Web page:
posted 16 November 2000 05:04 PM     Click Here to See the Profile for Robert     
I think "clam" came from "bearded clam" . . .


Smiley Roberts
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Posts: 4424
From: Hendersonville,Tn. 37075
Registered: DEC 99

posted 16 November 2000 06:03 PM     Click Here to See the Profile for Smiley Roberts     
Shot Jackson always called it a "horn".

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  ~ ~
ars longa,
mm vita brevis
-=sr=-



Vern Kendrick
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From: Earth
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posted 16 November 2000 08:07 PM     Click Here to See the Profile for Vern Kendrick     
Smiley,I believe Shot got the term "horn" from Buddy Emmons,...I've heard people who could do more damage with a steel than an Axe


Al Marcus
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Posts: 7471
From: Cedar Springs,MI USA
Registered: MAY 99

posted 16 November 2000 10:01 PM     Click Here to See the Profile for Al Marcus     
I grew up during the swing , jazz era and I think Donny may be close. Sax- Axe first , then everything was an Axe. Horn was used a lot, even for Piano. Just the "lingo" of the day back then.....al


Smiley Roberts
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Posts: 4424
From: Hendersonville,Tn. 37075
Registered: DEC 99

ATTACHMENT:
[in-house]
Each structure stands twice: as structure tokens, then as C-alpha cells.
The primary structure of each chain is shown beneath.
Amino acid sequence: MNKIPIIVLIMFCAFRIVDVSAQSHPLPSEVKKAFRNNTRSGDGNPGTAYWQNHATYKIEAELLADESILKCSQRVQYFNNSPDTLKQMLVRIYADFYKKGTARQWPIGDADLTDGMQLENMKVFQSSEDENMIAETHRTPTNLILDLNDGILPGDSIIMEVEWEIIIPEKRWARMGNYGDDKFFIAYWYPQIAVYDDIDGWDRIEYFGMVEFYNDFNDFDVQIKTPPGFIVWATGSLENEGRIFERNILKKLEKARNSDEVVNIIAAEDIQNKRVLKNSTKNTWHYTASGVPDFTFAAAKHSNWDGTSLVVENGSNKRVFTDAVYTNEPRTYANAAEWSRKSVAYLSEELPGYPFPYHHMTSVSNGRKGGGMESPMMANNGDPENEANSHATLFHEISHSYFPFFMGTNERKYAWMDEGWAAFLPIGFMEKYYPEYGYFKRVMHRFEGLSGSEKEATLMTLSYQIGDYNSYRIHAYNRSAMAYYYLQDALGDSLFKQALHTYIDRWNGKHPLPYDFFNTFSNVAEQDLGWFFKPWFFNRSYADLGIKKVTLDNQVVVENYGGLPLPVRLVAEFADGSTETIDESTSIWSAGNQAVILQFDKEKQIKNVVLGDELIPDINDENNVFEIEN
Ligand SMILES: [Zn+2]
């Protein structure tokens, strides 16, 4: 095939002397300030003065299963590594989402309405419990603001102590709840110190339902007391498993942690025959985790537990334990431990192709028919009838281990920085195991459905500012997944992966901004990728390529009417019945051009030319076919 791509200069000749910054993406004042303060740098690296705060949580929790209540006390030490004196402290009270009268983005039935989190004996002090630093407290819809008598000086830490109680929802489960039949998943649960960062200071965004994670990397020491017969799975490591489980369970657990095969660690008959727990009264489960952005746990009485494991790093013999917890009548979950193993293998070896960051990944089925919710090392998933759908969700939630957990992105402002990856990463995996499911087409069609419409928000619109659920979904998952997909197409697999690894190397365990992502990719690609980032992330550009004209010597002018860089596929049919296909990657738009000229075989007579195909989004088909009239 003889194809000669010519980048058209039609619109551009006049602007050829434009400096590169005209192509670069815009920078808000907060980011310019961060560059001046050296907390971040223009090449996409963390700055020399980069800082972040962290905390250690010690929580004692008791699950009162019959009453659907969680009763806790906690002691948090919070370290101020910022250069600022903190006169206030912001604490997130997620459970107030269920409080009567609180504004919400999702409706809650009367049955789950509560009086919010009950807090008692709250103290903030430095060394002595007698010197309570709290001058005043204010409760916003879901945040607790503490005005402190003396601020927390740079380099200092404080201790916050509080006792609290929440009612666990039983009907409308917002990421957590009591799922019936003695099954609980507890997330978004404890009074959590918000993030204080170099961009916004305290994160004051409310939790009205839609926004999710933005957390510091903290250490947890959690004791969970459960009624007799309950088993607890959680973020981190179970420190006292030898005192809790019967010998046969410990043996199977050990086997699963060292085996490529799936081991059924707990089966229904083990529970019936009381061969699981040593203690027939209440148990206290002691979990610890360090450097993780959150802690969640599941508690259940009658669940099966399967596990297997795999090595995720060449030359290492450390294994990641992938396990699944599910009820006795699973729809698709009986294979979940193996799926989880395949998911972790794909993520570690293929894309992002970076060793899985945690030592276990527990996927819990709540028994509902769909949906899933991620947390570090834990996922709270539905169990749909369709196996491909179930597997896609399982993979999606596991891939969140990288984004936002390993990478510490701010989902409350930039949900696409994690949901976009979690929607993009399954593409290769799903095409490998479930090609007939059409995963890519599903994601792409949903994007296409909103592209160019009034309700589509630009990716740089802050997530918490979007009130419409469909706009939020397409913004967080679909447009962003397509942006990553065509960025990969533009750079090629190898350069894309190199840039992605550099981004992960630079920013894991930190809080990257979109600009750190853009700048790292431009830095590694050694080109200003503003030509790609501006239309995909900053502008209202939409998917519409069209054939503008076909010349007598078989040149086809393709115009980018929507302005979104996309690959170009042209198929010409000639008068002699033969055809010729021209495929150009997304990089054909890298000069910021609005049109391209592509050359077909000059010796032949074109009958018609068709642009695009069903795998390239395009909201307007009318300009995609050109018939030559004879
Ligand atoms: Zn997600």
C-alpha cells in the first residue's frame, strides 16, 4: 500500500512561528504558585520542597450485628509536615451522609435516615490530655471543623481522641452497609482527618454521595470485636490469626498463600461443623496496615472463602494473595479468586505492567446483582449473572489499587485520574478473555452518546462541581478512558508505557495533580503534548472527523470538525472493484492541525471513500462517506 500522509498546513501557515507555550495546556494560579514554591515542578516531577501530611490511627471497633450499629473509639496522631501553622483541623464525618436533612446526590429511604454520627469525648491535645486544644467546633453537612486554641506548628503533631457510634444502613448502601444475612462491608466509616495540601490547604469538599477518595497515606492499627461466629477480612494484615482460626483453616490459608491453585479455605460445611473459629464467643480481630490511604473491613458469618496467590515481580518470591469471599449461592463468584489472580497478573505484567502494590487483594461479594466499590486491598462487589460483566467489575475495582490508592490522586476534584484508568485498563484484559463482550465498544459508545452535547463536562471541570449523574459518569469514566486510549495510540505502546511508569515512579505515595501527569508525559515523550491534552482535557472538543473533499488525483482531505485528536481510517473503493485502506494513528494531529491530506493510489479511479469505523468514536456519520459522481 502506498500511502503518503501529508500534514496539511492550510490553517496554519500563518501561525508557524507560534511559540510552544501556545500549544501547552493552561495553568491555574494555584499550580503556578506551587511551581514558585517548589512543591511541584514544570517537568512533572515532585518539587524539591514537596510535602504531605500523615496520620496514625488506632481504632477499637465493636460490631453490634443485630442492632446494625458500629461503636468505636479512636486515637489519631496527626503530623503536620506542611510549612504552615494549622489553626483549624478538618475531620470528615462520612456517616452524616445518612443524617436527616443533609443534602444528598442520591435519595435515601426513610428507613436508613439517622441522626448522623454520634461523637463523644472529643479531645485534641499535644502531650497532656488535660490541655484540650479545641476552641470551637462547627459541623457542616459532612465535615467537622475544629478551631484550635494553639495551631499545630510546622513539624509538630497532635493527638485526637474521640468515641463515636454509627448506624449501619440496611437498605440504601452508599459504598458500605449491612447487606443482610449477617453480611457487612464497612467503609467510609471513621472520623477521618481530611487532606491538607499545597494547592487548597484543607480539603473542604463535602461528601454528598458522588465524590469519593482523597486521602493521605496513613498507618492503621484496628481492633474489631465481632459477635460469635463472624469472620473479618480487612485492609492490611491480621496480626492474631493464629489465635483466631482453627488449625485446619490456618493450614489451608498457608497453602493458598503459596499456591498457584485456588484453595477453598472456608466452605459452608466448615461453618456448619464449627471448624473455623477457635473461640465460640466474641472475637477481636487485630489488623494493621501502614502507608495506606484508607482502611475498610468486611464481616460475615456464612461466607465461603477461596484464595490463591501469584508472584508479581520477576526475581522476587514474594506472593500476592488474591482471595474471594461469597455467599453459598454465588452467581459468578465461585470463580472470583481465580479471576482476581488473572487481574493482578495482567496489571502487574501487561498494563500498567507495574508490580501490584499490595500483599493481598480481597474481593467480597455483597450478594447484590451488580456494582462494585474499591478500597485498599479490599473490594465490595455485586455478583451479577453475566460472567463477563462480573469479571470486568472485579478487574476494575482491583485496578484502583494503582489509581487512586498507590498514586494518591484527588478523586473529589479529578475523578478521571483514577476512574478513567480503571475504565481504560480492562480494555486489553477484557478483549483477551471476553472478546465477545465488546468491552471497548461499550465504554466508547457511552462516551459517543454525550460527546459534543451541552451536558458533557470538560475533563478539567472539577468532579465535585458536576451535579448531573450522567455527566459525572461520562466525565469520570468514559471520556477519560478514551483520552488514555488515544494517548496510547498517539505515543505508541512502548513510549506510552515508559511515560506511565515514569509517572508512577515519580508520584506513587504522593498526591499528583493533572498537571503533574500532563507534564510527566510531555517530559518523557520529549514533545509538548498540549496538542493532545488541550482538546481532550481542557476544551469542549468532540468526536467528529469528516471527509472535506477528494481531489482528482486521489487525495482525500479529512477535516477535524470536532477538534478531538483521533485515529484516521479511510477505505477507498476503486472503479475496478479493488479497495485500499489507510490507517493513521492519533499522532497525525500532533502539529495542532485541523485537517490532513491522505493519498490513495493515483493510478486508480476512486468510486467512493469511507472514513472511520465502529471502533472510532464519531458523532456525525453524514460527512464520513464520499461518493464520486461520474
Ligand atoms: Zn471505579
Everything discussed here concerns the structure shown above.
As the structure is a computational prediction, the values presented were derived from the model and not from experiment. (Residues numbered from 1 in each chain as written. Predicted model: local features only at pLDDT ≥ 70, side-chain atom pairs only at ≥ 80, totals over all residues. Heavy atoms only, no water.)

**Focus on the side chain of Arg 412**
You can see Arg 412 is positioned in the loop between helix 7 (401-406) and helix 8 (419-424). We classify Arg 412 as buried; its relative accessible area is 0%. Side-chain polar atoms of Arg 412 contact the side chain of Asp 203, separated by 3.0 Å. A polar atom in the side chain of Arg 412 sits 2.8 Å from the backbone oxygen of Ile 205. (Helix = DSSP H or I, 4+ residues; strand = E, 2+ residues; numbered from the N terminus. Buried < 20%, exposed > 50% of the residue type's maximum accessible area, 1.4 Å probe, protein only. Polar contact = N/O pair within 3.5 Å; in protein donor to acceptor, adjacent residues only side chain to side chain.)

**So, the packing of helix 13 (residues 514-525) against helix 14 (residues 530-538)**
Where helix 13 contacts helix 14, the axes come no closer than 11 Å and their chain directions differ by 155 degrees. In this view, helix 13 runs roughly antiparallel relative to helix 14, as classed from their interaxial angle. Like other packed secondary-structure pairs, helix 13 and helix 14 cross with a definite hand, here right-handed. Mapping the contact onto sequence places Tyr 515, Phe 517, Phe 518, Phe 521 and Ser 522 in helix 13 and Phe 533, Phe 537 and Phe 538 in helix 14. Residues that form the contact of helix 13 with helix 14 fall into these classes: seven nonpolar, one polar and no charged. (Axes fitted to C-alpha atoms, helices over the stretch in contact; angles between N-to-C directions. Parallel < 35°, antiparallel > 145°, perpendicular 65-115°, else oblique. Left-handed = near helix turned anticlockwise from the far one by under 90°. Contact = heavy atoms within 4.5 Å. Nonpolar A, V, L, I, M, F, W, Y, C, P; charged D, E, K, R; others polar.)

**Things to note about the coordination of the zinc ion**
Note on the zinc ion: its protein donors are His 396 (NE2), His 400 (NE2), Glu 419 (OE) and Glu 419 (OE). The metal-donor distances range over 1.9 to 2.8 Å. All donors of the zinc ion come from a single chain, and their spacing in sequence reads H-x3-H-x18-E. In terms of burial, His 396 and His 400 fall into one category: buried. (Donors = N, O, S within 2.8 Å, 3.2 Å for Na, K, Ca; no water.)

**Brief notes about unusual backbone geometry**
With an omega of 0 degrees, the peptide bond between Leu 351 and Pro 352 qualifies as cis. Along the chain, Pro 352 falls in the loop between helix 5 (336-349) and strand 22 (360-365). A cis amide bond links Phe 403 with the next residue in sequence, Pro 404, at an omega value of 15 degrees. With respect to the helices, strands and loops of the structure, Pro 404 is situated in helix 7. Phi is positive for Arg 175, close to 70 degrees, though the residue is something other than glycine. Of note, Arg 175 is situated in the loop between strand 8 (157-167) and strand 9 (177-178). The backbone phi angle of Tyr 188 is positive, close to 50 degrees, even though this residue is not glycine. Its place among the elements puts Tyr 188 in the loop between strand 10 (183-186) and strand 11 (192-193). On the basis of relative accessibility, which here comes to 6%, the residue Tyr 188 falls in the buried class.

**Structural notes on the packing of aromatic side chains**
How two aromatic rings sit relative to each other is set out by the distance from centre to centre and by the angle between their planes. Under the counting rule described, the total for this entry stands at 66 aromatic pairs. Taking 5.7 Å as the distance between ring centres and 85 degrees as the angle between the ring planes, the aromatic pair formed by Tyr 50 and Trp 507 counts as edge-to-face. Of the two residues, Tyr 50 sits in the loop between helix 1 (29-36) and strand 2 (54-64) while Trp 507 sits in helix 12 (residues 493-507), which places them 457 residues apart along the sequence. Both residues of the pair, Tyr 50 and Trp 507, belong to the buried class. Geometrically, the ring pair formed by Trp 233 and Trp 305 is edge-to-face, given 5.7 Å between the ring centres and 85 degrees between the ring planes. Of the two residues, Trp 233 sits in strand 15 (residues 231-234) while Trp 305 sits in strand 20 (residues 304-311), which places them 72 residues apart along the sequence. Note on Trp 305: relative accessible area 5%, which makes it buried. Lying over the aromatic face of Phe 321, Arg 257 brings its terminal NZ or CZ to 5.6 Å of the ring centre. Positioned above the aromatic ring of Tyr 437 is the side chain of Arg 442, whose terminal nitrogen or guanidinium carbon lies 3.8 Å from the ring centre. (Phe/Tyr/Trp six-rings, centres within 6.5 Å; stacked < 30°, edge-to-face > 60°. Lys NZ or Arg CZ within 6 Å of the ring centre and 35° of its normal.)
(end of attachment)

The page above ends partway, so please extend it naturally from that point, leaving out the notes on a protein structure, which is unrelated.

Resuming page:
posted 17 November 2000 12:52 AM     Click Here to See the Profile for Smiley Roberts     
Vern,I believe you're right. I still miss ol' Shot,to this day. He sure helped me out a lot,when I first came to town.

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  ~ ~
ars longa,
mm vita brevis
-=sr=-



Jack Stoner
Sysop

Posts: 8119
From: Inverness, Florida
Registered: DEC 99

posted 17 November 2000 04:56 AM     Click Here to See the Profile for Jack Stoner     
Axe, Horn, etc. No different than in "Nashvul" where they have Piano "Pickers", Drum "Pickers", etc.


Dave Van Allen
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From: Doylestown, PA , US , Earth
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posted 17 November 2000 08:33 AM     Click Here to See the Profile for Dave Van Allen     
quote:
Now-the real question: What's the origion of "clam" to mean a harmonic mistake.

MJ- perhaps this from Dictionary.com:

"clam \Clam\, n. [Abbrev. fr. clamor.] A crash or clangor made by ringing all the bells of a chime at once. --Nares. "


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"I AM ZUMBODY!"

Zumsteel U12 "Loafer" 8&6 :: Fender T-8 Stringmaster :: Fender Tube Amplification
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[This message was edited by Dave Van Allen on 17 November 2000 at 08:40 AM.]



PLAYSTEEL9
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Posts: 689
From: Chandler ARIZONA
Registered: SEP 98

posted 17 November 2000 12:02 PM     Click Here to See the Profile for PLAYSTEEL9     
I always understood it to mean yu were going to work so bring you tools,( your axe) musicans just picked it up.
may be wrong
wayne

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Those that make music, pray twice.




Jon Light
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From: Brooklyn, NY
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posted 17 November 2000 01:24 PM     Click Here to See the Profile for Jon Light     
I always thought of clam as akin to a hocker. In music as in life.


Chas Holman
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Posts: 188
From: 10 miles East of Lone Star, Texas - USA
Registered: JUL 2000

posted 19 November 2000 01:36 PM     Click Here to See the Profile for Chas Holman     
Are you guys sure it doesn't have to do with what any musician uses to "chop" through that cloud of cigarette smoke in all those beer joints, bars and honky tonks..?